What actually came out of my mouth was:
“I left my … totem pole here … when we were moving the telium.”
“I said, ‘I left my tote bag here when we were moving the television.’ ”
“Well, I see you have it now. The rest of your crew is leaving.”
“I’m aware,” I said impudently, although, of course, I wasn’t.
As soon as his back was turned, I dropped to a crouch, allowing the bag to open as it slid down my arm. Passing a finger along the sensual lip where the pages meet the binding at the top of an old hard-back, I stealthily slipped Inferno
off the shelf, stuffed it into my bag, readjusted the bag’s straplike handles around my shoulder, and followed the owner down his cardboard-protected staircase.
To my horror, the stolen book was glowing through the tote’s thin black canvas. I tried my best to hide that rectangular-shaped admission of guilt beneath my arm. (This must have been successful, since no one commented on the strange orange light that was clearly emanating from my armpit.) Outside, I stammered quick thanks and goodbyes to Fitz and the rest of the crew, and walked as nonchalantly as I could to the corner. Turning it, I ran until I reached the subway station, flew down the steps, through the turnstile, and onto the train that fate had so thoughtfully furnished for my glorious getaway, just as its doors were closing. I slid regally into an empty bank of seats, breathing heavily, smiling crookedly, my foot tap-tap-tapping to the horn-heavy Sinatra song that, were my life a film, would then be playing for everyone, and not just me, to hear. Ultimately, I think it was the giddy flush of my triumph that caused my scruples about satisfying my desire to disappear. At that moment, the book appeared to me less as the holy grail of a frantic, desperate quest than as the radiant trophy of my first theft.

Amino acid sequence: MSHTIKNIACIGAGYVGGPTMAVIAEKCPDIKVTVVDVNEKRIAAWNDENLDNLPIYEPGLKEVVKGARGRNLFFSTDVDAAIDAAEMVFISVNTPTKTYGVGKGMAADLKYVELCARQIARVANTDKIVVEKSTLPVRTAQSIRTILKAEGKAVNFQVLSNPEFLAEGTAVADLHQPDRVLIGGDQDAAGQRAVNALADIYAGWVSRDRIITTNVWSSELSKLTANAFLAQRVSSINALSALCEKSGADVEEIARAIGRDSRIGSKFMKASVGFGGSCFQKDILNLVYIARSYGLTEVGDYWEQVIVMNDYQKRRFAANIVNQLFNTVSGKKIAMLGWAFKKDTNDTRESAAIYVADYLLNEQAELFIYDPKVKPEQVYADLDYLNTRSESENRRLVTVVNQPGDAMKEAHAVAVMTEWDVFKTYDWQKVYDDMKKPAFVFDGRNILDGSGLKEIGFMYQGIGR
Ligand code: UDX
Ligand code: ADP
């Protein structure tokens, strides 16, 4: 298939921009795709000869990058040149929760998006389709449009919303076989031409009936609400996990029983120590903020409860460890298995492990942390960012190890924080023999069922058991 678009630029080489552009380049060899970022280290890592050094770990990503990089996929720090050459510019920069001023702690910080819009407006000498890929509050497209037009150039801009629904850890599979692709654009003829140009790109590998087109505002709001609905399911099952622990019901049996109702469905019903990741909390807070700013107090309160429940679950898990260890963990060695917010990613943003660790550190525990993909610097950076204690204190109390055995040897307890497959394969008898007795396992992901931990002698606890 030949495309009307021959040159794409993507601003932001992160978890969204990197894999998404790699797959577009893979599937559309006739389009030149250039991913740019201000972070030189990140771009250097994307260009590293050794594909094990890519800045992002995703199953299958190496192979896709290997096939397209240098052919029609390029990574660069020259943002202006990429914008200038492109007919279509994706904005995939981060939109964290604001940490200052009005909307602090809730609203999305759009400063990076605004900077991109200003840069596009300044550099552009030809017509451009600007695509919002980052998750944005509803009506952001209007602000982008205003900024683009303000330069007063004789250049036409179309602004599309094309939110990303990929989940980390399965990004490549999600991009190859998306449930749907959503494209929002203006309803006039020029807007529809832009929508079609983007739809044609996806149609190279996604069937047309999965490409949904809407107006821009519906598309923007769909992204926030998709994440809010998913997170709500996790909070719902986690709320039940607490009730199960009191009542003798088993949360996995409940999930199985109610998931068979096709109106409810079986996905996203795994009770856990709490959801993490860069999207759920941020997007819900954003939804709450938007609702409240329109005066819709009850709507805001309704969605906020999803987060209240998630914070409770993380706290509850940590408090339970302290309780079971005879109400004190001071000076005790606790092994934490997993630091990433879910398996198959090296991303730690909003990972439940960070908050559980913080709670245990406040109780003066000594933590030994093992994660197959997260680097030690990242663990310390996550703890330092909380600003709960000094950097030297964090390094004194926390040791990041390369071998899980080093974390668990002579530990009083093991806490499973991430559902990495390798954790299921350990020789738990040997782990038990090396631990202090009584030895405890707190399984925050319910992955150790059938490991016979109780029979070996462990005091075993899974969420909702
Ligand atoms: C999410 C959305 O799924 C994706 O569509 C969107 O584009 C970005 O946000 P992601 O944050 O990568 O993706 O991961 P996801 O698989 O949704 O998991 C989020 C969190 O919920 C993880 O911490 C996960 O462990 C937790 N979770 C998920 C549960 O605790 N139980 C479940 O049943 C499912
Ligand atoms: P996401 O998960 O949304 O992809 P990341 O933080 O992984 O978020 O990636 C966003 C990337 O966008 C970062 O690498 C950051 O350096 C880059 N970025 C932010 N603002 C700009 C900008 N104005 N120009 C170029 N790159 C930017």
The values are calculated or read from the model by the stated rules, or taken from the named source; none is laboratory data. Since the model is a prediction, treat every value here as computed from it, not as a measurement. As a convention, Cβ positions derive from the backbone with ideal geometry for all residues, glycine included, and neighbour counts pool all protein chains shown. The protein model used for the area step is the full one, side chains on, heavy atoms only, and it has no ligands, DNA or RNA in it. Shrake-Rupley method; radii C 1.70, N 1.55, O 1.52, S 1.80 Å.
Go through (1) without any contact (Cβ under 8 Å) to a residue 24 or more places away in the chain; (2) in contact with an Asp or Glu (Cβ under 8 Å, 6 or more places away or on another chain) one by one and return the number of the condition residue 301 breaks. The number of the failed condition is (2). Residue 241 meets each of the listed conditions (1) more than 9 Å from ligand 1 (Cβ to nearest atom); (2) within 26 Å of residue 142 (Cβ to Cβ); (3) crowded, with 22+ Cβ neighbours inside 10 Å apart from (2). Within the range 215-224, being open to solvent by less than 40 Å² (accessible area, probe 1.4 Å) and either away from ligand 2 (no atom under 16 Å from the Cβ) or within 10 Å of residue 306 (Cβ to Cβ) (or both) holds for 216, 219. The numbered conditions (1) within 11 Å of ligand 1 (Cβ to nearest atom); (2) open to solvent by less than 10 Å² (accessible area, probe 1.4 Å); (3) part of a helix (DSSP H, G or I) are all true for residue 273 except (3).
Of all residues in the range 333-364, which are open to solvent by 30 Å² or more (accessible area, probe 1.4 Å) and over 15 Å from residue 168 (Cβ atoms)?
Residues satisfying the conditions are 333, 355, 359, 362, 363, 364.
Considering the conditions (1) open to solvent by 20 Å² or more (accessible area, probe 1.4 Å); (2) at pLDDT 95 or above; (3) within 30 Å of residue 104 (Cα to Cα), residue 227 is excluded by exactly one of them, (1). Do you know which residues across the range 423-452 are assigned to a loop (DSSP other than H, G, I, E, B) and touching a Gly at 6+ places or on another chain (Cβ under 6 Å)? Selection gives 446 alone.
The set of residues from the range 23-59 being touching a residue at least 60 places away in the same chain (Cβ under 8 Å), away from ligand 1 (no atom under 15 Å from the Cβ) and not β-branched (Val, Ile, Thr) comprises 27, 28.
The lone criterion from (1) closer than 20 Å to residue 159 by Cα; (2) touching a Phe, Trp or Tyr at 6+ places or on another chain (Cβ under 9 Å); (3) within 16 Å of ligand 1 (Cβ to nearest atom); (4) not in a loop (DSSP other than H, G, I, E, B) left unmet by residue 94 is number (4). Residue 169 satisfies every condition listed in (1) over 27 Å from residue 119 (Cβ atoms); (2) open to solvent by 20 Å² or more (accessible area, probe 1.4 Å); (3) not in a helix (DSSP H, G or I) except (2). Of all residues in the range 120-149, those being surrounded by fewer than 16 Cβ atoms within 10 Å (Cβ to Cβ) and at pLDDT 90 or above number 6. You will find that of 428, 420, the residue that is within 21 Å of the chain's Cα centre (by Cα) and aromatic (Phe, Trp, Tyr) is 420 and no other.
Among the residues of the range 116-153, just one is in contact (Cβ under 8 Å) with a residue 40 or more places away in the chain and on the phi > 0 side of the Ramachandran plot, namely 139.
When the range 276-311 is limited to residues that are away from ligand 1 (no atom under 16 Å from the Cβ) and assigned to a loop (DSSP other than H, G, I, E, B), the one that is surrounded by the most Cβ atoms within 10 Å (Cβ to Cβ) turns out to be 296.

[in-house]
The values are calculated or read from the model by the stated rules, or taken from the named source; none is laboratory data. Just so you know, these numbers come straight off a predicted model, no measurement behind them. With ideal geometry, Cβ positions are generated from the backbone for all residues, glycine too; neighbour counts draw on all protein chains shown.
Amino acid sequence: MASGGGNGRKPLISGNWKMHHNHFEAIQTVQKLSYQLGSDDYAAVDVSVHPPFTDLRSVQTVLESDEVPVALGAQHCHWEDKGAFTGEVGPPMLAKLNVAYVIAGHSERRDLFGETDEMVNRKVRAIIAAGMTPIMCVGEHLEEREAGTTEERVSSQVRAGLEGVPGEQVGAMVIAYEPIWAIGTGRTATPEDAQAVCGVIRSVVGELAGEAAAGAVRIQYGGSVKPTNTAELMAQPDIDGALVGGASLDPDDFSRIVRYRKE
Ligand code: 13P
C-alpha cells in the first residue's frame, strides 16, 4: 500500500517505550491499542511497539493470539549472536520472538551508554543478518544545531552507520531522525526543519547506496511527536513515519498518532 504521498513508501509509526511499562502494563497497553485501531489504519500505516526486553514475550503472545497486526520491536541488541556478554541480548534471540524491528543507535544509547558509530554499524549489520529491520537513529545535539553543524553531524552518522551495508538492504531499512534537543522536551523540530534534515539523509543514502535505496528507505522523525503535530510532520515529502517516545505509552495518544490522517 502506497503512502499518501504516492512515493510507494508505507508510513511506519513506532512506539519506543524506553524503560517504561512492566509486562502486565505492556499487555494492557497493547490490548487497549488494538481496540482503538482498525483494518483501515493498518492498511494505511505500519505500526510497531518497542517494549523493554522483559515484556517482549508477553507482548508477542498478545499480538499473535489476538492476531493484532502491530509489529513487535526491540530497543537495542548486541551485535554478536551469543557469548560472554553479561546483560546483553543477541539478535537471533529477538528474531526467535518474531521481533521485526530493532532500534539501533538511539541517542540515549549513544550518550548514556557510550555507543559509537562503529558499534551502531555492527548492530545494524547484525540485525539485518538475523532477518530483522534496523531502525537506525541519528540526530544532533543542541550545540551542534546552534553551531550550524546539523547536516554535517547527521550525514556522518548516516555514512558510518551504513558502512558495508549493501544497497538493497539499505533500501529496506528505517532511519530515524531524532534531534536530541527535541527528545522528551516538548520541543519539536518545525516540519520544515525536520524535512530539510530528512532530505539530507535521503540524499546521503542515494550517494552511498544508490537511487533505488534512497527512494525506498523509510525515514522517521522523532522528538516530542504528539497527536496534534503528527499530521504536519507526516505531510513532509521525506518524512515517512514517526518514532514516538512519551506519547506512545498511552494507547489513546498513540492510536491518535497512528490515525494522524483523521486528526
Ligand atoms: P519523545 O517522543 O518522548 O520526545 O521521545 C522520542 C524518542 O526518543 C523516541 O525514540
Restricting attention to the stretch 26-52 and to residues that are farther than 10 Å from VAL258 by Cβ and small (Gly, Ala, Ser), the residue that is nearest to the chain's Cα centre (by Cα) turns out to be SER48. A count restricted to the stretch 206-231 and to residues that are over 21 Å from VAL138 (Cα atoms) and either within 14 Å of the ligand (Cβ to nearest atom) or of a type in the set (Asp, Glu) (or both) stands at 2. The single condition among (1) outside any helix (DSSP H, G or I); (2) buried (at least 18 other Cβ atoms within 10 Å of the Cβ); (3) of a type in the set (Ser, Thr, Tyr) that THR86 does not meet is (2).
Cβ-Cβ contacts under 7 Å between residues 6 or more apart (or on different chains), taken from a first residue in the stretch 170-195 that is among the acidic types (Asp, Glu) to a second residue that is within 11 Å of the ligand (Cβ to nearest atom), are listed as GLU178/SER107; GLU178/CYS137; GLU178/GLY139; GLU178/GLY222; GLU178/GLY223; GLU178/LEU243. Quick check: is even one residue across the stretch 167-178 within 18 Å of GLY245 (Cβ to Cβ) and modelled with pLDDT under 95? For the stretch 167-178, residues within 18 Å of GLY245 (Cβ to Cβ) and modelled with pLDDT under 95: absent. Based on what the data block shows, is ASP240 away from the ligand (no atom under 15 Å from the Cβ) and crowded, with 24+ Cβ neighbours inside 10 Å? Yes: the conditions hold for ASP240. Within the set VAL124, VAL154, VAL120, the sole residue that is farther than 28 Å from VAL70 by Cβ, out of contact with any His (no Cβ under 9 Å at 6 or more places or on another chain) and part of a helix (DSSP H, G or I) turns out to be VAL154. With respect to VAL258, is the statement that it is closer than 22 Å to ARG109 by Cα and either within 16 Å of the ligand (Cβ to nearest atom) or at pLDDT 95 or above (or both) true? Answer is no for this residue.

Without giving it a second glance, I pulled the book out of my bag and opened to the first page.
You can imagine, no doubt, the looks of disgust, pity, and alarm on the other passengers’ faces when they witnessed my howling reaction to what I read there: “Midway on our life’s journey, I went astray from the straight road and woke to find myself alone in a dark wood.”
Ryan Ruby teaches philosophy at York College in Queens. His writing has appeared
More Intelligent Life,
n+1, and elsewhere.